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Communications of the ACM

3,291 - 3,300 of 3,299 for bentley

Partial-match queries and file designs

Tnis paper is concernd with information retrieval based upon secondary keys; that is, keys which cannot in general uniquely identify a record, but can indicate certain attributes of the associated record. Partial-match retrieval deals with accessing and reading those records of a data base which match the user's query albeit the query is only partially specified. For example, suppose that 'the data base consists of the binary words 1010, 1110, 0011, 1101, 0010, 1111. The response to query 1**0 where * is a don't know symbol is the set of records with keys 1010 or 1110 while the response to query 1101 is the set of records with key 1101.


The digital simulation of river plankton population dynamics

This paper deals with the development of a mathematical model for and the digital simulation in Fortran IV of phytoplankton and zooplankton population densities in a river using previously developed rate expressions. In order to study the relationships between the ecological mechanisms involved, the simulation parameters were varied illustrating the response of the ecosystem to different conditions, including those corresponding to certain types of chemical and thermal pollution. As an investigation of the accuracy of the simulation methods, a simulation of the actual population dynamics of Asterionella in the Columbia River was made based on approximations of conditions in that river. Although not totally accurate, the simulation was found to predict the general annual pattern of plankton growth fairly well and, specifically, revealed the importance of the annual velocity cycle in determining such patterns. In addition, the study demonstrates the usefulness of digital simulations in the examinations of certain aquatic ecosystems, as well as in environmental planning involving such examinations.


Multidimensional binary search trees used for associative searching

This paper develops the multidimensional binary search tree (or k-d tree, where k is the dimensionality of the search space) as a data structure for storage of information to be retrieved by associative searches. The k-d tree is defined and examples are given. It is shown to be quite efficient in its storage requirements. A significant advantage of this structure is that a single data structure can handle many types of queries very efficiently. Various utility algorithms are developed; their proven average running times in an n record file are: insertion, O(log n); deletion of the root, O(n(k-1)/k); deletion of a random node, O(log n); and optimization (guarantees logarithmic performance of searches), O(n log n). Search algorithms are given for partial match queries with t keys specified [proven maximum running time of O(n(k-t)/k)] and for nearest neighbor queries [empirically observed average running time of O(log n).] These performances far surpass the best currently known algorithms for these tasks. An algorithm is presented to handle any general intersection query. The main focus of this paper is theoretical. It is felt, however, that k-d trees could be quite useful in many applications, and examples of potential uses are given.


Alternating semantic evaluator

In order to make the use of attribute grammars practical in (automatic) compiler generation, restricted attribute grammars are introduced. A membership test is given which determines whether a given attribute grammar satisfies the required restrictions. The major advantage of the restricted attribute grammars is that they are non-circular. The given membership test can be embedded in a compiler writing system which accepts an attribute grammar as input and outputs a compiler for the associated language provided the grammar meets the restrictions. The technique is also applicable to translation grammars of [15]. It is assumed that the reader is familiar with context free grammars but not necessarily with attribute grammars.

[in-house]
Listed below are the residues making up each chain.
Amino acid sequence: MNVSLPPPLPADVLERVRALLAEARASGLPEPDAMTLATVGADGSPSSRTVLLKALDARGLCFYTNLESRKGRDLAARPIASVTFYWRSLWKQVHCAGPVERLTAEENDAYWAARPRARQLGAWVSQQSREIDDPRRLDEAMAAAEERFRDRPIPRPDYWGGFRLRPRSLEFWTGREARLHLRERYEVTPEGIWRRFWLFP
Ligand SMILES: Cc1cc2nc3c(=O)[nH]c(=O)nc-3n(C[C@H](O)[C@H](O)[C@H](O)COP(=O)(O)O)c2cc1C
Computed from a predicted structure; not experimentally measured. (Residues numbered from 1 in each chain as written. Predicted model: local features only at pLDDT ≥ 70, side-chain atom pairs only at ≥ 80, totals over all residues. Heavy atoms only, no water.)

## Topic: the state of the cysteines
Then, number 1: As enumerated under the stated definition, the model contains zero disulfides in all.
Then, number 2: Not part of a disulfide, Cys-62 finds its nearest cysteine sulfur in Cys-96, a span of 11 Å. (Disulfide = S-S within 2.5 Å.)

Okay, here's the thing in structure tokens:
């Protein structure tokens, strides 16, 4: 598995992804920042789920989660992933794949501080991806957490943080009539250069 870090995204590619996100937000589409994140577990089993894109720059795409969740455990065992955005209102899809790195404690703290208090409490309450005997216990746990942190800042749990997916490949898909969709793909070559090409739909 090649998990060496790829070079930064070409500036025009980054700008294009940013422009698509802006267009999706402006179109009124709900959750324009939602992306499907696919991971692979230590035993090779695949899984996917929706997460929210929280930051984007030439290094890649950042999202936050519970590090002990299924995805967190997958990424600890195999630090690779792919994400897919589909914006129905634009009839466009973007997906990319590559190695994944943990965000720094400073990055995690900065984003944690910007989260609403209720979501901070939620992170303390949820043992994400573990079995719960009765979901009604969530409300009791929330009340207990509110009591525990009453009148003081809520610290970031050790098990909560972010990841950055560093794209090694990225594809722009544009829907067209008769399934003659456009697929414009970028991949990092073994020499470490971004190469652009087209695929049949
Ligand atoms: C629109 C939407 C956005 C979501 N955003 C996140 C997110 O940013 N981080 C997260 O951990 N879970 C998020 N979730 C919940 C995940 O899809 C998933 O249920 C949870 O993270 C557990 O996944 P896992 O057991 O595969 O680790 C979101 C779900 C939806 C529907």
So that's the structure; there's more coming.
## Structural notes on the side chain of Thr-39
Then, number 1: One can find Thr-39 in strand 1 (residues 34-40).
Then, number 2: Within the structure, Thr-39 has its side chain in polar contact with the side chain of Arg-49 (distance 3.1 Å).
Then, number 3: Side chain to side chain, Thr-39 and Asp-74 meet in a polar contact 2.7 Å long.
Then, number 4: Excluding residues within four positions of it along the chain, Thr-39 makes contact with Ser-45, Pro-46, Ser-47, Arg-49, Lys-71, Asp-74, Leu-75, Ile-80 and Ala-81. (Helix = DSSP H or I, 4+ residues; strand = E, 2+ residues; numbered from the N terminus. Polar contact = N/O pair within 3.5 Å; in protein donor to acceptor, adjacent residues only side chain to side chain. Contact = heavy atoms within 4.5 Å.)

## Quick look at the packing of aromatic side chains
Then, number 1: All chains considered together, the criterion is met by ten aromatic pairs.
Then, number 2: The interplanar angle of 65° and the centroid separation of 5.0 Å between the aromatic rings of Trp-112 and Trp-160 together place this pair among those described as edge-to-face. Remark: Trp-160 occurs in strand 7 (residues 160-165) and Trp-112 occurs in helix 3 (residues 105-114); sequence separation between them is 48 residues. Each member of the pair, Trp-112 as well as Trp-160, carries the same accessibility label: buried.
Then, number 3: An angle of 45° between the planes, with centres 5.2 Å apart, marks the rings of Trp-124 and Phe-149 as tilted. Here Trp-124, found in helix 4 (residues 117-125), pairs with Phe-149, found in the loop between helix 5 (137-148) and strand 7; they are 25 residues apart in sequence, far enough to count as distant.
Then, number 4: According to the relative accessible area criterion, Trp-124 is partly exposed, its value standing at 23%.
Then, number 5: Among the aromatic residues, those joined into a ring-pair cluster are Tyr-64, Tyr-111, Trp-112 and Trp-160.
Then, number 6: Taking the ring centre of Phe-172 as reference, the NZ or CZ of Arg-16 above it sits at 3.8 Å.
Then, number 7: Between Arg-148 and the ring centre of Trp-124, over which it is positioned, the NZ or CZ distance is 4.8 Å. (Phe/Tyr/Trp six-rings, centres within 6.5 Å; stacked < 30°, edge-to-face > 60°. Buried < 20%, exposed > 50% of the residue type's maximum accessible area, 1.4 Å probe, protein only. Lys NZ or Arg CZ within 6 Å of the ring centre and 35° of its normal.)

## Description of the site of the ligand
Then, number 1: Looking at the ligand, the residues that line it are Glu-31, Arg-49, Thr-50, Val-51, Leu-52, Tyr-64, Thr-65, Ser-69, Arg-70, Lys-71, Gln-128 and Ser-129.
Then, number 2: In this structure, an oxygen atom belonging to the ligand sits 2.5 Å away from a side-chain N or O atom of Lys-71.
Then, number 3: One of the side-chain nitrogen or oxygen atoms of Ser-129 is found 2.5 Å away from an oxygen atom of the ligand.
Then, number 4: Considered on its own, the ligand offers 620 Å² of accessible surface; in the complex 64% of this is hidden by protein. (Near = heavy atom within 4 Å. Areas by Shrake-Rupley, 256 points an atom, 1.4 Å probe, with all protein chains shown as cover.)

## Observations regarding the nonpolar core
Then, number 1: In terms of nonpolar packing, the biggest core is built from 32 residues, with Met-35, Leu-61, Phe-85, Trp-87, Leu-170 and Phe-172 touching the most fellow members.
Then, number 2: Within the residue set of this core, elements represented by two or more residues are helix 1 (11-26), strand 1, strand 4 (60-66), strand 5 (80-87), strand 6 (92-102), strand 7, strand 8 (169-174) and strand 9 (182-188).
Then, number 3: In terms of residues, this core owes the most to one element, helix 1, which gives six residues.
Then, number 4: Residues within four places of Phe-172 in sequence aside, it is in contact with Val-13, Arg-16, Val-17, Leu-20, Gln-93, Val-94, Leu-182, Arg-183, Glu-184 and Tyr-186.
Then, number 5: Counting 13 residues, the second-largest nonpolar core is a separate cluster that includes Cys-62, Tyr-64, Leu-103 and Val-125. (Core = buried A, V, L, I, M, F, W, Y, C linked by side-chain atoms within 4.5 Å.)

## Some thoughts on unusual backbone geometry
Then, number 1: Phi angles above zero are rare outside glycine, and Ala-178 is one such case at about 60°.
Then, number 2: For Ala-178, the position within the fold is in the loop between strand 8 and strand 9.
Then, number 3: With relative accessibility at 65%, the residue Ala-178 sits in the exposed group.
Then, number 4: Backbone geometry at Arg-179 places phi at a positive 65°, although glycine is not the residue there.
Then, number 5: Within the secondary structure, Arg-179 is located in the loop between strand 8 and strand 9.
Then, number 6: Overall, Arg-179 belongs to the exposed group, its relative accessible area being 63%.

Design of an aerospace computer for direct HOL execution

This paper presents an overview of a study, performed during 1971 and 1972, to design a computer architecture capable of executing a higher-order aerospace programming language directly—without the aid of a compiler or interpreter. The prime motivation for developing such a machine is to reduce system costs, for while hardware logic is becoming much cheaper, software is consuming a greater proportion of total system costs. A tremendous potential savings can be obtained by designing computer hardware that is oriented to aiding the programmer rather than to simplifying the computer designer's job. In this three-phase study, the first phase, preliminary to the actual design, analyzed direct execution tradeoffs for a number of languages. The languages examined were FORTRAN, ALGOL, PL/I, APL, JOVIAL, and SPL. In the second phase, the functional design was produced for a direct-execution system for a subset of Space Programming Language (SPL)/Mark IV. In the third phase, the performance of that system was evaluated by comparing it to a conventional architecture. The study successfully demonstrated that a higher-order aerospace language computer is feasible and efficient.


PL/I in the computer science curriculum

Two questions perpetually arising within Computer Science Departments are (1) whether or not the programming languages stressed in the academic programs are appropriate and (2) whether the correct emphasis is being placed on one language as opposed to another. In particular, one always wonders if any emerging and promising language is receiving enough attention. Attempts at answering such questions seem to provide quite suitable vehicles for student involvement in curriculum development and so recently at New Mexico State University a combined faculty-graduate student study was made for one important appropriate language, PL/I.